Going to university is a big change for a student. While most of them will enjoy the independence of university life, the lack of enforced structure and routine can leave a few baffled.
And juggling lectures, practicals, assignments, projects, and extra-curricular activities can be emotionally draining. Things can become particularly difficult if one suffers from any mental health disorders such as depression or anxiety.
I have to admit, it worries me that once my boys go to university, I can’t be there for them the way I can right now. But that doesn’t mean I can’t support them in other ways!
Making sure I’m always there in a pinch may be all that’s needed. And luckily, our digital world means that staying connected is easier than ever!
Whether your child is preparing for university or is already living on their dream campus, it’s important to figure out the right way to support them. Smothering them with texts and phone calls might drive them away. On the other hand, you will want to watch for warning signs and hints that they might be struggling to cope with university life.
Striking a balance between overwhelming your child with support and becoming emotionally distant is the key to helping them sail through university. Here are a few of the ways you can support your child through their university experience:
1. Don’t Pressure Them to Go
No. Your child doesn’t have to go to university right after they’re done with high school or college. It’s okay if they want to take a year off to clear their head and figure out their life goals. It’s also okay if they want to try their hands at a few jobs before deciding to go to university.
The important thing is to not pressure your child and make them feel like they’re missing out on something. Instead, give them the time and space to sort things out and weigh their options before they zero in on a particular university. The last thing you want is for your child to go to a new campus while they aren’t mentally and emotionally ready.
Instead of forcing them to join a university program, you can use this time to share essential life skills. For instance, if your child doesn’t have basic culinary skills, this is a good time to introduce them to cooking. You should also encourage them to pursue hobbies such as music, gardening, or a sport that can help them relax while they’re away from friends and family.
2. Check the University’s Mental Health Program
If your child has already started applying to various universities, this is a good time to find out whether these institutions have any mental health programs. Do they have advisors or on-campus counselors? Or do they offer mentorship programs to support new students? These are questions you need to ask before your child makes the final selection.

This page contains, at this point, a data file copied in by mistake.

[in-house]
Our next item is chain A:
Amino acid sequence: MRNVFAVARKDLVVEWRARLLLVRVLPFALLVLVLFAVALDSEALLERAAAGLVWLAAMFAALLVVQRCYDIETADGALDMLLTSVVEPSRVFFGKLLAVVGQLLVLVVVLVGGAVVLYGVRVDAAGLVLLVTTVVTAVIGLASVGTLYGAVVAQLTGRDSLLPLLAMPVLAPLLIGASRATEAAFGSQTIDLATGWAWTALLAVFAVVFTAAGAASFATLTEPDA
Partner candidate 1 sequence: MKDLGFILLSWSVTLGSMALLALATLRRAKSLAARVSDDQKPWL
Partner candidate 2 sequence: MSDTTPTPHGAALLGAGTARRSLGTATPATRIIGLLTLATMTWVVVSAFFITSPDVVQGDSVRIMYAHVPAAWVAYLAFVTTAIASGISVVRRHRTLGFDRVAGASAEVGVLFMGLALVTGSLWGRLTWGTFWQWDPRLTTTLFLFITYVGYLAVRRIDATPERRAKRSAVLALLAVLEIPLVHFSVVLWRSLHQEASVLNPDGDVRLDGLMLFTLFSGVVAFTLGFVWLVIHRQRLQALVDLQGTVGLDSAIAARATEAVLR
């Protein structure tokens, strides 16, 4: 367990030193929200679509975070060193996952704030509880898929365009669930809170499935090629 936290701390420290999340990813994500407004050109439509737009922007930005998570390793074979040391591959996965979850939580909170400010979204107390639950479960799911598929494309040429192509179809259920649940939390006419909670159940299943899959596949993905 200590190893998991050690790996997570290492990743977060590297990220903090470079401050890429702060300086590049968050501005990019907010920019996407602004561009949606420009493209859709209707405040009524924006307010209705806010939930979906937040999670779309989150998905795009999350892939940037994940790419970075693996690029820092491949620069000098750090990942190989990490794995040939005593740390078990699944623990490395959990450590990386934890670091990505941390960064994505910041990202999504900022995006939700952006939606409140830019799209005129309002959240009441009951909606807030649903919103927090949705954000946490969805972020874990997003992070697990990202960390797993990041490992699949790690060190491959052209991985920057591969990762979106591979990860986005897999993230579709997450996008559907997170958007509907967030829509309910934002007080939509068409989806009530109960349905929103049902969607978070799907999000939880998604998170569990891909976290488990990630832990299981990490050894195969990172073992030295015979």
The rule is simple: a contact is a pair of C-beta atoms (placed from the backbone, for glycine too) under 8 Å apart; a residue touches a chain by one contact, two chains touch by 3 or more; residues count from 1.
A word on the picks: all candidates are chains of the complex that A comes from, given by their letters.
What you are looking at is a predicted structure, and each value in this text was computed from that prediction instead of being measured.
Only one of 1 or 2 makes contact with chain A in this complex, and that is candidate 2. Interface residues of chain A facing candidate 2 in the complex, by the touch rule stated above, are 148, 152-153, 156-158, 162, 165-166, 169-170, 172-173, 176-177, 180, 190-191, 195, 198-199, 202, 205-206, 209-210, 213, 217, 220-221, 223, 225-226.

Also, if your child suffers from any physical or mental health-related issues, make sure they inform the university about their current needs. This will allow the university administration to potentially offer your child additional support.
3. Encourage Them to Seek Help
“It’s okay to ask others for help”. This is the best advice you can give to your child while they’re at university. Don’t make them feel like they’re supposed to take care of everything on their own. From lectures and assignments to tests and projects – they’ll have to work on numerous things at the same time. Encourage them to get help from their friends and professors if they feel overburdened.
This is also a good time to remind them that they can always rely on you for support. While you can’t help them with academics, you can always offer a few words of motivation. If they’re struggling with an essay, offer to take a look at it and offer a fresh perspective.
It’s also a great idea to keep a list of valuable online resources and platforms handy for your child. The good news is that the internet is replete with useful online learning resources and apps.
For example, a quick online search led me to HomeworkMarket, an online platform that connects students with experienced and reliable tutors. Sharing such resources with your child can be particularly useful when they’re not comfortable with approaching their professors for help.
4. Stay in Touch
Thanks to modern technology, it’s now possible to see your child’s face every day even when they’re miles away from home. Use this to your advantage by regularly communicating with your child.
Remind them that their family is always going to be there for them, no matter what. If your child has been feeling low for a while, you can even organize a group video call with other family members to cheer them up.
5. Celebrate Their Achievements
Lift your child’s spirits by celebrating every small success. Even a simple assignment submission could be a cause for a celebration. Send them care packages and gifts to keep them motivated and feel emotionally supported. The key is to show your child that you’re proud of them for all their victories, no matter how small.
From those first uncertain days on campus until the big graduation party, parental support can make a world of difference to a child’s university experience. Just remember, even when you can’t be there in person, you can still be there when needed, giving your child the encouragement they need to excel!